It all comes down to this: Is there an inalienable right to self-defense? If there is, each man has indisputable, inestimable value, value that he may rightly preserve even if the life of another man is forfeit. A man may kill another in lawful self-defense even if the policy preferences of the state would prefer his death. If a right to self-defense actually exists, it is in a very real sense the highest law of the land and all lesser laws must pay it deference. It fundamentally defines the social contract, the nature of the relationship between man and the state.
But if there is no such inalienable right, the entire nature of the social contract is changed. Each man’s worth is measured solely by his utility to the state, and as such the value of his life rides a roller coaster not unlike the stock market: dependent not only upon the preferences of the party in power but upon the whims of its political leaders and the permanent bureaucratic class. The proof of this analysis surrounds us.
Irony abounds in that England, the cradle of the common law and of our doctrine of self-defense, has utterly done away with even a government-condescended privilege to self-preservation. Not only have the English allowed themselves to be virtually stripped of firearms, British politicians have made attempts with varying degrees of success to ban knives. Attempting to protect the self or others from brutal criminal attack can and will lead to lengthy jail sentences in jolly old England — for the victims. Attacking criminals often go free, and often successfully sue their victims for daring to harm them in the process of depriving them of property or their very lives.
In the recent riots in Britain, we see America not far into the future if the progressive worldview is much further advanced. Contemporary England is a nation that spends a great deal of time and energy ostensibly caring for “the people,” yet cares not a whit for the life of any individual, particularly when that life is threatened or taken by a member of a favored political class or victim group, criminals included. This attitude and practice is a foundation of socialism.
At an earlier stage of glorious socialist evolution, we find the family of Border Patrol Agent Brian Terry, murdered by cartel gunmen wielding rifles walked across the border in the gunwalker scandal. As reported by Fox News, the family of Terry requested crime victim status in the case of Jamie Avila, charged with purchasing the guns that reportedly killed Terry. Victims with such an obvious and compelling connection to a criminal case are routinely granted this status by prosecutors, but not in a government fundamentally changing itself into a socialist state.
U.S. Attorney Dennis Burke has opposed the family, claiming that the victim of Avila’s crime was “society in general” rather than any particular persons. It should be prominently noted that it is Burke’s office which has been intimately involved with Operation Fast and Furious and the gunwalking scandal which flourished under that larger operation. At stake is the right of the Terry family, under the federal Crime Victims’ Rights Act, to work with prosecutors and to be heard at Avila’s sentencing.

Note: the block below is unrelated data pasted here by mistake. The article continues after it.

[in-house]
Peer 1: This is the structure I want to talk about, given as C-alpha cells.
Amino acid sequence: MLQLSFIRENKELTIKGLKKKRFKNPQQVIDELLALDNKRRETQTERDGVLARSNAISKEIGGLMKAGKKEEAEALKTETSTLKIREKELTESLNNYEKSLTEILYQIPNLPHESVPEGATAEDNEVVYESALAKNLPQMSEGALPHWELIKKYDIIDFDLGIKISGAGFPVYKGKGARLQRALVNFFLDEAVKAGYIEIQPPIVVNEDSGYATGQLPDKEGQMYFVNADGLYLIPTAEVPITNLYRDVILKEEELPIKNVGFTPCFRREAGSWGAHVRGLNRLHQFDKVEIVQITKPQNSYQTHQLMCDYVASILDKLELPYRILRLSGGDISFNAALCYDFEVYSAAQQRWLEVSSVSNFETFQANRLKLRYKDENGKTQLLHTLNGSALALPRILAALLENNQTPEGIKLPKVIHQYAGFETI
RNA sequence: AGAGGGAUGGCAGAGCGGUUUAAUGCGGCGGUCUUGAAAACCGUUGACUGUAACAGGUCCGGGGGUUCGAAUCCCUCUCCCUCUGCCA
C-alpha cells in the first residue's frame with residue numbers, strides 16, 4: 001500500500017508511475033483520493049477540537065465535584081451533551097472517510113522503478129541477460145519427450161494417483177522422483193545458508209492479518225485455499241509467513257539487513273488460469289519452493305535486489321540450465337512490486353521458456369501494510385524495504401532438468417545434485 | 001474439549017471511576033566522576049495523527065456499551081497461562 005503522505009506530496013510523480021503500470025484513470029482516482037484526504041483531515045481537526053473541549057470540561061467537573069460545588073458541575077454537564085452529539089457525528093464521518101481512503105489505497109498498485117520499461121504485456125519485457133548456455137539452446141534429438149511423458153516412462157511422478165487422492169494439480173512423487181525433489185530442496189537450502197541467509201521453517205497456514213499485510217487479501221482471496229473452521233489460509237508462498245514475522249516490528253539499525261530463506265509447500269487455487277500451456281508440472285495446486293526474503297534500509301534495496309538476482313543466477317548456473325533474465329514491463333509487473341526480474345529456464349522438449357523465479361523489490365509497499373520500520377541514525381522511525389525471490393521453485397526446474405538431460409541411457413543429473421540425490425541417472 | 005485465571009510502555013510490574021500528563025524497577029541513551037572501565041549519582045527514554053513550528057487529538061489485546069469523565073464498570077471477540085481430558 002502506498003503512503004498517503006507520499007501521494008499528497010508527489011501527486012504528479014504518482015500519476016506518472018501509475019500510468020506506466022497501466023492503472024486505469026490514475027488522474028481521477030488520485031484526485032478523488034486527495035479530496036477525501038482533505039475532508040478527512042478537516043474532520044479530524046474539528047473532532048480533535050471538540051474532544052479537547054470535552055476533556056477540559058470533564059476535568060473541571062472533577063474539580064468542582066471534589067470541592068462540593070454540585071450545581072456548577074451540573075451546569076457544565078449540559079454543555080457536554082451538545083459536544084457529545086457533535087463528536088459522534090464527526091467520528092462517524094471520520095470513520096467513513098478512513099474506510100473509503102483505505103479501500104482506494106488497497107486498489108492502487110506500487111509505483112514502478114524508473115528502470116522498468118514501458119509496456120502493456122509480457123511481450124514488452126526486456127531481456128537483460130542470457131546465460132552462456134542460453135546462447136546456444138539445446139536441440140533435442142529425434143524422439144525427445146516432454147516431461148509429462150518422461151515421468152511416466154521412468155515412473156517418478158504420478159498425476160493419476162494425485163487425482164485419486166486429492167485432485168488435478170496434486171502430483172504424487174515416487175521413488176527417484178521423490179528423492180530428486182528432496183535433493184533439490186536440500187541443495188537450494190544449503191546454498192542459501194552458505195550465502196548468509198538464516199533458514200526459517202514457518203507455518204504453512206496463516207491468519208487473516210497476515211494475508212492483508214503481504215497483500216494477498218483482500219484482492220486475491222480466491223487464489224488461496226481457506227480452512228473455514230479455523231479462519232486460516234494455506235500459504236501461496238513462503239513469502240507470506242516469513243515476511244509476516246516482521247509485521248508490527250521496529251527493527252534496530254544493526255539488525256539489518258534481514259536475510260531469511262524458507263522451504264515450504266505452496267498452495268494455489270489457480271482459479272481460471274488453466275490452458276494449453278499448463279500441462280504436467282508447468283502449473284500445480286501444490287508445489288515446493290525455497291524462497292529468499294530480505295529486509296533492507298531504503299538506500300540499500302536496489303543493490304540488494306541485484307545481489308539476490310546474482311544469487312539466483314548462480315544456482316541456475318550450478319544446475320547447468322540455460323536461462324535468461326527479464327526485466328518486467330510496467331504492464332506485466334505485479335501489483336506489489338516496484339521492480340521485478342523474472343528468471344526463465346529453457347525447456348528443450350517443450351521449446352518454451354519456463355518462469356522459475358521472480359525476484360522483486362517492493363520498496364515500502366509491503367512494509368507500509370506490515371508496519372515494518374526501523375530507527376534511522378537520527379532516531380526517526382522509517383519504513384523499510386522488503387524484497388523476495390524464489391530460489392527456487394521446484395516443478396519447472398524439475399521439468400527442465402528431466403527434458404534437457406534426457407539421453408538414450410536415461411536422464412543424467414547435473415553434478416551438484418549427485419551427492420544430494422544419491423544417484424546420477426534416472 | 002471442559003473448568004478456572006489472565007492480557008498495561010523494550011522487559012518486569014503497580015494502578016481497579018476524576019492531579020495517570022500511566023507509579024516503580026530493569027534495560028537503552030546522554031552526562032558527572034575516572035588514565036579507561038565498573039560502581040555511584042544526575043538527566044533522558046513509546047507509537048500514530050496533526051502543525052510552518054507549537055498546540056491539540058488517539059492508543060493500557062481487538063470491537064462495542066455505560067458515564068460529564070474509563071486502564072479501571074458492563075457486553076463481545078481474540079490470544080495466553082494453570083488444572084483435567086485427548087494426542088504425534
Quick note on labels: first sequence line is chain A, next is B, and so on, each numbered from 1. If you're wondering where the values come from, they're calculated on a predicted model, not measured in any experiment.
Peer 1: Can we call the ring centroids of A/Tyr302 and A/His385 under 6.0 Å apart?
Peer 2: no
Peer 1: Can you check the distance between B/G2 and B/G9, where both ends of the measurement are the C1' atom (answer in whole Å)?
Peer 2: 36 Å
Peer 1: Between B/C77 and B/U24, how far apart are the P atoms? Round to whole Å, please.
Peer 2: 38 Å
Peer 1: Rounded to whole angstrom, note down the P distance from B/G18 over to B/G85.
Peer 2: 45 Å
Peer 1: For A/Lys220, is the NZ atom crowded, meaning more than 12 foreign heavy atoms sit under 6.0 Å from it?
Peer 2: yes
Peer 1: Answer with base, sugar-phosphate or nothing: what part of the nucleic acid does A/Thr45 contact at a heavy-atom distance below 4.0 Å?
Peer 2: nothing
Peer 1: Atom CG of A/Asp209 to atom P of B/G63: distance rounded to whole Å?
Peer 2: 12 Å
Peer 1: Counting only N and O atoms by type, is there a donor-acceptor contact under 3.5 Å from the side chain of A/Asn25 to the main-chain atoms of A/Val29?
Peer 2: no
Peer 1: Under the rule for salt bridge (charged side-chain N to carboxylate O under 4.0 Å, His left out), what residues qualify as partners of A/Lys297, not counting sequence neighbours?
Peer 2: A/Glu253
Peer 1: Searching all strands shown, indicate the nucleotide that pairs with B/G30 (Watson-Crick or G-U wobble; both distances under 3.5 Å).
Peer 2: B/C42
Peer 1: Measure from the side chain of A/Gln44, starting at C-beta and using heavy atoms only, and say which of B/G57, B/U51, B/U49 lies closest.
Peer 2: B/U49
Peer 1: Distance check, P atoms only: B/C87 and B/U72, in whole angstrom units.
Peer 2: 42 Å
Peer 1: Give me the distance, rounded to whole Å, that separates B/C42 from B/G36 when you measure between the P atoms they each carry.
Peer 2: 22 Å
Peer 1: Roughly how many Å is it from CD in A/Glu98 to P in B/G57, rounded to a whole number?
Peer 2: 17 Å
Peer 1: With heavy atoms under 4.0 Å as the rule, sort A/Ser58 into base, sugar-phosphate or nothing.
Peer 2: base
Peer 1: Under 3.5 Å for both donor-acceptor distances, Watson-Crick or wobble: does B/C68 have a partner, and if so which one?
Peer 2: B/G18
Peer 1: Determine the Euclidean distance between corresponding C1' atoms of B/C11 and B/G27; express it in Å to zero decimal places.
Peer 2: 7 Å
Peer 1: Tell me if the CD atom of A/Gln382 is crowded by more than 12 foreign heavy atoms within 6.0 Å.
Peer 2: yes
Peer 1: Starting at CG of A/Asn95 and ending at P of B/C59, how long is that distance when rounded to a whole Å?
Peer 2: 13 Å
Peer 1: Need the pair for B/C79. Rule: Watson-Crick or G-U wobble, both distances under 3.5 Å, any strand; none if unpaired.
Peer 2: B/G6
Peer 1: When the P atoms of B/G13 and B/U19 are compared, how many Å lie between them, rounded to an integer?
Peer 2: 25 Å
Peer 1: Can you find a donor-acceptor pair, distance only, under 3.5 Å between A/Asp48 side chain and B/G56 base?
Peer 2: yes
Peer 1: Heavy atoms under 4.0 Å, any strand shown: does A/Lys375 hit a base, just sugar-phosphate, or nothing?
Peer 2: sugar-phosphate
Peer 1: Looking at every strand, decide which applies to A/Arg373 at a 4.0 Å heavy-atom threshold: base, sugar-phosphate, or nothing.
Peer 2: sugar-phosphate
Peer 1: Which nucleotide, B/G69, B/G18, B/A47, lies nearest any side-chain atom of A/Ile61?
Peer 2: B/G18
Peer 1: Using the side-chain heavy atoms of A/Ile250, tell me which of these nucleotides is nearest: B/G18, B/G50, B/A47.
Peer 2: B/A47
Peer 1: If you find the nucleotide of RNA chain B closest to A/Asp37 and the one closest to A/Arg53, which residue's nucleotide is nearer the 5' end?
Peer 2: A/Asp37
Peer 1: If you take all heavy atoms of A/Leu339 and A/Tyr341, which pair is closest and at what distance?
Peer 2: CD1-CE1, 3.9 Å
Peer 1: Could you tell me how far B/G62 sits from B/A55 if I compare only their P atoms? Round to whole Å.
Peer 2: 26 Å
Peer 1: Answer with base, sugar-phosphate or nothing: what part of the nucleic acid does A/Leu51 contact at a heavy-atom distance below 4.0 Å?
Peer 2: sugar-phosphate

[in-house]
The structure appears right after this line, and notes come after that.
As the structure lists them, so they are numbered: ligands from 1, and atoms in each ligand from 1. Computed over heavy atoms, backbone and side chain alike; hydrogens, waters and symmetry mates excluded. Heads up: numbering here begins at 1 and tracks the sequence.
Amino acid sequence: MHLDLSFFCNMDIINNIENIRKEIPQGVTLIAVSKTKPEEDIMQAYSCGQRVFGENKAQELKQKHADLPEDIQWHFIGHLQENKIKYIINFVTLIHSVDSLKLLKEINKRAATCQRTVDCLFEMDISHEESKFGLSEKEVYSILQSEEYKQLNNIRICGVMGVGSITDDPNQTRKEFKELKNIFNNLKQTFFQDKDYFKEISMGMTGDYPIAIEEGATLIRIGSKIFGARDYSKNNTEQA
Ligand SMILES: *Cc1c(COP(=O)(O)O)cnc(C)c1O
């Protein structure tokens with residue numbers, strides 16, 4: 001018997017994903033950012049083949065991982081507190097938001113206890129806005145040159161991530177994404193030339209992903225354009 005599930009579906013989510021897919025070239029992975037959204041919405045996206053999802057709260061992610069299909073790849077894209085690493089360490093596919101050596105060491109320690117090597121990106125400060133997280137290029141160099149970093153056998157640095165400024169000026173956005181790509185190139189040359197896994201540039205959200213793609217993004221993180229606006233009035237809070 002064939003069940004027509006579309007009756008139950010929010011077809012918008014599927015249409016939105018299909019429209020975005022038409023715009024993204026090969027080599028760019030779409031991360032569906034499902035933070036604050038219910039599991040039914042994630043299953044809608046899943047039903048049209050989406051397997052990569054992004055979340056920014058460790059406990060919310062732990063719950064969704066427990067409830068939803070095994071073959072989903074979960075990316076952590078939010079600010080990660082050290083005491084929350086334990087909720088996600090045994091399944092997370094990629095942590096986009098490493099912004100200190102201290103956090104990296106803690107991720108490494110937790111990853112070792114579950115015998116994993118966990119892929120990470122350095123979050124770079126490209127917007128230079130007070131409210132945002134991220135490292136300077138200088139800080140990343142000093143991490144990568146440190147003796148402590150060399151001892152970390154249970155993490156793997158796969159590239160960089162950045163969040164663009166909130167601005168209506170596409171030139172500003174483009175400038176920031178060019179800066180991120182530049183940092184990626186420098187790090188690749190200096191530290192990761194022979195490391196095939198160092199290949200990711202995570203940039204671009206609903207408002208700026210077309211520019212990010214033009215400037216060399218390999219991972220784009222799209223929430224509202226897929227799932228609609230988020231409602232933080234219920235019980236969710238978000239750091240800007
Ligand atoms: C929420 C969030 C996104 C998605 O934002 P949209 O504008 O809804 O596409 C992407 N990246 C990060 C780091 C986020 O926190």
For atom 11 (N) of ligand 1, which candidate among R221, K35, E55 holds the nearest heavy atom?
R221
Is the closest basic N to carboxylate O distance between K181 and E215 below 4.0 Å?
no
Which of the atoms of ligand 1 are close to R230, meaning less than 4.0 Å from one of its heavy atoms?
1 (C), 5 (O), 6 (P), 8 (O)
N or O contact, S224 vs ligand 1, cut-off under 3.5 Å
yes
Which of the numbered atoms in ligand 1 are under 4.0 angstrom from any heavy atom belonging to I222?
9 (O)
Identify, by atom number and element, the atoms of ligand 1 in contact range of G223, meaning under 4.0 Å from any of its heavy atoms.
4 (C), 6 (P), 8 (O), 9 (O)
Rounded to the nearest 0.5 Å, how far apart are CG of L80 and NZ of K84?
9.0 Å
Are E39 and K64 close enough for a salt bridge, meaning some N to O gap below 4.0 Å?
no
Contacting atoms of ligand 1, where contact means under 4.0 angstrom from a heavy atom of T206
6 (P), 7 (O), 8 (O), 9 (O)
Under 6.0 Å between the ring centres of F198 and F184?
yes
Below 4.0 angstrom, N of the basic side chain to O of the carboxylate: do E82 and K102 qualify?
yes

The Obama administration is, to put it mildly, in a panic over the fallout and potential damage to Mr. Obama of Gunwalker. As my co-blogger Bob Owens recently reported, the National Rifle Association and National Shooting Sports Foundation are planning lawsuits against the Justice Department’s administrative mandate that border gun dealers report the sale of two or more long guns within a five-day period, primarily on the grounds that Congress has expressly forbidden the ATF (or the DOJ through the ATF) such power. Continuing revelations such as former Phoenix ATF Agent in Charge William Newell’s repeated discussions of the gunwalking case with a White House National Security functionary, and a multitude of embarrassing e-mails which clearly indicate that the basis for gun walking was a political desire for restrictive gun control policies unattainable through the legislative process, are also very much a thorn in the Obama administration’s collective posteriors.
The Terry case adds a very large and painful additional thorn. Avila is one of only 20 arrests made in the entire case, a case which the DOJ and high-ranking federal law enforcement officials foolishly may have thought would lead to the downfall of drug cartel kingpins. No doubt the Holder Justice Department is furiously struggling to make these 20 arrests of bottom-of-the-criminal-barrel straw purchasers appear as significant as possible. If Burke is attempting any kind of a deal or anticipating any kind of political spin, having the Terry family making contrary demands or statements at an emotional sentencing would be clumsy at best for the Holder DOJ. This would be particularly so if the Terry family files a wrongful death action against the government, as expected. It is not outside the realm of possibility that prosecutor Burke could find himself in a very uncomfortable position in that sort of case.